Tips to survive living together while separated
5 Tips on living together during separation
If you are living together while separated, you are not alone. Many ex-spouses often continue to live together until the couple can sort out the details of their separation. This situation can be challenging, and it may not be their preferred choice. Perhaps they don’t have the funds to support two houses, or they want to take the time to sort out the financial and/or children’s plan before a move happens.
And if the couple decides to sell the family home, it gets even more complicated. That’s because they likely need the funds of a sale to be able to move to new residences. If one person is going to purchase the other person’s interest in the house, the lender will require a separation agreement to fund the payment.
Living under the same roof (while separated) can pose unique living challenges. With a little planning, you can improve the day-to-day interactions. It might be helpful to think of your soon-to-be ex-spouse as a roommate. Here are five survival tips to consider for ‘living as roommates.’
Survival Tip #1:
Give each other space, physically and emotionally
For most people, it’s usually one spouse that initiates the decision to separate. Which means, one person may have been thinking about it for a longer period of time. The other spouse may still be in shock at the news. Accept the fact that you are both in a different place emotionally. Separation ranks the 2nd most stressful event in a person’s life. The early days will have a lot of mixed emotions.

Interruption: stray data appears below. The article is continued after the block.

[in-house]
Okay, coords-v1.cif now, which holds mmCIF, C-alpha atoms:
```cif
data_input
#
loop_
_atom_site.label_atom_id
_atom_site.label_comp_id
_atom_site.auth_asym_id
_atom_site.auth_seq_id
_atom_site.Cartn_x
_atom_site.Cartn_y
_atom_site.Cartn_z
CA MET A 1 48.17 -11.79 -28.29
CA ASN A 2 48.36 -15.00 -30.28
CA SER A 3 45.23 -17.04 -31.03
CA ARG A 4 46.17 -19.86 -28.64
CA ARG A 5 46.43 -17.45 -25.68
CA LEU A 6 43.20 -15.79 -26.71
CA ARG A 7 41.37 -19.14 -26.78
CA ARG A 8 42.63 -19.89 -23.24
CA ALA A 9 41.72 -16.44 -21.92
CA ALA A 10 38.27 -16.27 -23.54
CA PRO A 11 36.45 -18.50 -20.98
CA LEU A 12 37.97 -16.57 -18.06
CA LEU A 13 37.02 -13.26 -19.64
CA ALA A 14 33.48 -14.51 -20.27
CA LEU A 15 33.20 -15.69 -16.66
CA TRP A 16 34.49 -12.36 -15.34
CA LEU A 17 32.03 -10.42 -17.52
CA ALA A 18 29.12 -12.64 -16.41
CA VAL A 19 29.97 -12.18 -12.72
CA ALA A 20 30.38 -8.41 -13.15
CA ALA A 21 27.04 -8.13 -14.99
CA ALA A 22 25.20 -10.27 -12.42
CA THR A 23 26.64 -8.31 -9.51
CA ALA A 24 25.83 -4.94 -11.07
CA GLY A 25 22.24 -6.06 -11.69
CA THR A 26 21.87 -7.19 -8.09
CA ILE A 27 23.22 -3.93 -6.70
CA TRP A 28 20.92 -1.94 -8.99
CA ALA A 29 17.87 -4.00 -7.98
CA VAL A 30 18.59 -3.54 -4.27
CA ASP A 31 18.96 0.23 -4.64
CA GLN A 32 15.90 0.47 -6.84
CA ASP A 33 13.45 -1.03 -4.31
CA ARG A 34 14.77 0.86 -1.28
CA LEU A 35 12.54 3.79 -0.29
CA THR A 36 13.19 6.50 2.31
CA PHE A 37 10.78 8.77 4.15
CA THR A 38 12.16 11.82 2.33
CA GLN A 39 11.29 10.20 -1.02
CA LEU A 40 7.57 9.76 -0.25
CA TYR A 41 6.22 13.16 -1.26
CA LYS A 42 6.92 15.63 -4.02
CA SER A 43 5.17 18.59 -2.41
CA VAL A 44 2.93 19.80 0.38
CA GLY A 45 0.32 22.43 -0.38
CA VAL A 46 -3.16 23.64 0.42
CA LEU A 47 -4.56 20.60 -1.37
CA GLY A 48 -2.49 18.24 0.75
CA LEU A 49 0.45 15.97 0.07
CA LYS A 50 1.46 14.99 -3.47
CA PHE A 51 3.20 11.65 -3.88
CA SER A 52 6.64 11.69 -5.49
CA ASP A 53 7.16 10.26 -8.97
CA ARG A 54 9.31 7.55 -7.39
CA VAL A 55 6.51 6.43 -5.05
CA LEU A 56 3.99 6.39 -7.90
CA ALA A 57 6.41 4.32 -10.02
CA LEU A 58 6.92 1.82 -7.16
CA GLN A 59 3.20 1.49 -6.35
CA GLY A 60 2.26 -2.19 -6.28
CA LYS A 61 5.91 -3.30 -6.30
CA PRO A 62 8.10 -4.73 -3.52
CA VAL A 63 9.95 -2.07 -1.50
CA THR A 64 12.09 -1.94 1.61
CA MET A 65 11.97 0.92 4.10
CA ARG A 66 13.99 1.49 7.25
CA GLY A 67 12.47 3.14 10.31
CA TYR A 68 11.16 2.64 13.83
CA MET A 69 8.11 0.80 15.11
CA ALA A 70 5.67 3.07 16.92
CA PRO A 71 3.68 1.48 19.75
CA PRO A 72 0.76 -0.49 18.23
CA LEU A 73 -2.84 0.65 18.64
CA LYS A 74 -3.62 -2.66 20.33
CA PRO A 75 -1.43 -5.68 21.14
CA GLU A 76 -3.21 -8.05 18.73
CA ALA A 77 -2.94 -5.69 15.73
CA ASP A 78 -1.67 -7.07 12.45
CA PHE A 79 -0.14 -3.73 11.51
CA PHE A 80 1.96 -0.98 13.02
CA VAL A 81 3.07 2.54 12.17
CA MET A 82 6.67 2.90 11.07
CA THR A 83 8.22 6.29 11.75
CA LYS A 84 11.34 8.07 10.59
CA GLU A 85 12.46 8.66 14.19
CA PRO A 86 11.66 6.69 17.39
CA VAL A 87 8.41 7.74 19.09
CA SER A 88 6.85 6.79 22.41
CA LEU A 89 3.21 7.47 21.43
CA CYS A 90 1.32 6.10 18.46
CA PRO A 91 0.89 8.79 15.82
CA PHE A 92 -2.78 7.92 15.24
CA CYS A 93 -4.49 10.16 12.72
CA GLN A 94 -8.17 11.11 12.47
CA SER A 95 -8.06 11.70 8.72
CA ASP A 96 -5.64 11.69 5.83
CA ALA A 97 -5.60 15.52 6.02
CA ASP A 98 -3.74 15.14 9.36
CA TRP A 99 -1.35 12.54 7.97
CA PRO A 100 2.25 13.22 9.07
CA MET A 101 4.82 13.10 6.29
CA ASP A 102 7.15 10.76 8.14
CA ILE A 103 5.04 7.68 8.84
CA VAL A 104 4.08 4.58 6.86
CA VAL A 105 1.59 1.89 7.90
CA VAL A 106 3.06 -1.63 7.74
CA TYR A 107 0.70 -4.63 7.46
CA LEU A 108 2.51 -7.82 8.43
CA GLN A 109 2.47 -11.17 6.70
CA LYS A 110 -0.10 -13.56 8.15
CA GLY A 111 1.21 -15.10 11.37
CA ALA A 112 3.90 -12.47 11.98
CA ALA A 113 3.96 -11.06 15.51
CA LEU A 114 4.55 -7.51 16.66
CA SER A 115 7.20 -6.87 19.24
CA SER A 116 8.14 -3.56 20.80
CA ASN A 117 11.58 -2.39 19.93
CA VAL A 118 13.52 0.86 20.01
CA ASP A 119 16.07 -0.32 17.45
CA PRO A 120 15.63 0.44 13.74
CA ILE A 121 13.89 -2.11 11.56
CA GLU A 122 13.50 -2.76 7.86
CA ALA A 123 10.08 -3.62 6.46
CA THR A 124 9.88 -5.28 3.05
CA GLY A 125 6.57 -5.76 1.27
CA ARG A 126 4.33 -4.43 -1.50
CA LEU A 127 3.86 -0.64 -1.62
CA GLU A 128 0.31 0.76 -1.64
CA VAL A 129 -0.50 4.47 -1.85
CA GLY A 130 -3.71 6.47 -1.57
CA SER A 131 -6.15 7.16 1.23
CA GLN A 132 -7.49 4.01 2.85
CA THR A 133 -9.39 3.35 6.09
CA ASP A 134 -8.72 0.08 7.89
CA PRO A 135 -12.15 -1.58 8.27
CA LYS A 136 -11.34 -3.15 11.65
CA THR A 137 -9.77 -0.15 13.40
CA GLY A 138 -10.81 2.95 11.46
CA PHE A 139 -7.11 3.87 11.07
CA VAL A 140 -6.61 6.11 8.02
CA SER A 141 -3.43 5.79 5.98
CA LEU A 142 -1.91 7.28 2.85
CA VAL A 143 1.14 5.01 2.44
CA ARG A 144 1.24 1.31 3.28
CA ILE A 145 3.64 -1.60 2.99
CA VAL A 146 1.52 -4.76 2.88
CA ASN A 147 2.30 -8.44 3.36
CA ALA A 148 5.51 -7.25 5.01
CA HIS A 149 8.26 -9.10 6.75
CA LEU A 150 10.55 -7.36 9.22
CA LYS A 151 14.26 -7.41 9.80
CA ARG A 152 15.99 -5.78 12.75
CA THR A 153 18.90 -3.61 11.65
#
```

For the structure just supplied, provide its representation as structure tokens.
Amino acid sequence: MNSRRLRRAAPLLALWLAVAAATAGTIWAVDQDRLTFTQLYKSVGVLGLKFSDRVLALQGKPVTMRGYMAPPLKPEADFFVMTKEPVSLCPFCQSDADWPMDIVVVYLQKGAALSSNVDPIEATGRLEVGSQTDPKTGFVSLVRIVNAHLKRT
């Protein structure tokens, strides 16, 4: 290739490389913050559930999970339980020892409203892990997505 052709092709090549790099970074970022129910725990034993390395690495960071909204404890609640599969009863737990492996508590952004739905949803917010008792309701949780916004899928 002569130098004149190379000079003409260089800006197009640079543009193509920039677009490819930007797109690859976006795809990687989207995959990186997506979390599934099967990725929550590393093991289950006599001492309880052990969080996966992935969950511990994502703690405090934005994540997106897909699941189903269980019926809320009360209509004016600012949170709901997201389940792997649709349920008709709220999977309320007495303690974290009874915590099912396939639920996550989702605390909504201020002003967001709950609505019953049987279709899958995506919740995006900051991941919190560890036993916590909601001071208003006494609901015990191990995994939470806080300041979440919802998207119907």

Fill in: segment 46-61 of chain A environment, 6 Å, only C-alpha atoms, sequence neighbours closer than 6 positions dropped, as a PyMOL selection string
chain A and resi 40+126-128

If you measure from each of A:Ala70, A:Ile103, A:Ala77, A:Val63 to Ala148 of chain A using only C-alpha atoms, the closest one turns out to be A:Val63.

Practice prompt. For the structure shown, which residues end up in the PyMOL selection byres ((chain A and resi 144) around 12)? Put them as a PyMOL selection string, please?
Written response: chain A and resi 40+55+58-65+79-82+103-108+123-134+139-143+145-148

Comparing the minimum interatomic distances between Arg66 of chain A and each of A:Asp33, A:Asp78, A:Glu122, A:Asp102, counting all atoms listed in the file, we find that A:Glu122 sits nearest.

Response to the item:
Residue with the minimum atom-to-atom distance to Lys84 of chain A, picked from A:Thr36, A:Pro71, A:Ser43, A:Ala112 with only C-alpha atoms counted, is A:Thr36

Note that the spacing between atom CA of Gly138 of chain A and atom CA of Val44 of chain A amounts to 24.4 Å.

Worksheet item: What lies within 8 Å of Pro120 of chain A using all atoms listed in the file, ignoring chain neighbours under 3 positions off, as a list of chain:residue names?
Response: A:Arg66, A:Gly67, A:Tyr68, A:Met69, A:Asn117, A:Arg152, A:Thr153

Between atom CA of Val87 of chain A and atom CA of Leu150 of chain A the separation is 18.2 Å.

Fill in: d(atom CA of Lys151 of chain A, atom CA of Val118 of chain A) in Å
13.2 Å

If you find yourself living together under the same roof, giving each other space to work through these emotions can be really important.
For example, that might mean one person takes over the guest room, or the children’s playroom gets converted back to a bedroom. Allow each other the time and space to work through whatever they need to. Once this ‘new accommodation’ has been set up, this also means new boundaries, whether real or imaginary. That means respecting each other’s private living and sleeping space.
Survival Tip #2:
Separate your monthly living expenses
Whether you have separate or joint banking, getting on the same page about the house bills is imperative. This is particularly important for peace of mind and avoiding nasty arguments. Scrutinizing the bank account might have been common practice while living together, but now that you’ve made the decision to part ways, it’s a situation you want to avoid needing to do.
If you have separate banking, sit down and create a joint budget for key household bills. If one person earns substantially more, you may want to apply a percentage of house bills as opposed to a 50-50 approach. Or, if you still share banking, you may want to decide how much each of you will take as a personal spending amount and then leave the remaining funds in the joint account to cover bills. How much you can each take will, of course, depend on cash flow.
The idea with the personal spending approach is that you each can spend your discretionary amount on what you want (entertainment, personal care, golf, dinner with a friend). Spouses who have separated but are still living together, simply don’t want to pay for one another’s personal expenses.
Separating your banking is also a better way to ensure all your financial obligations are being met. Whichever approach you choose, it is necessary to view this transition with the same respect as if you were roommates. Make sure to have a clear understanding of what bills to share and what expenses are personal.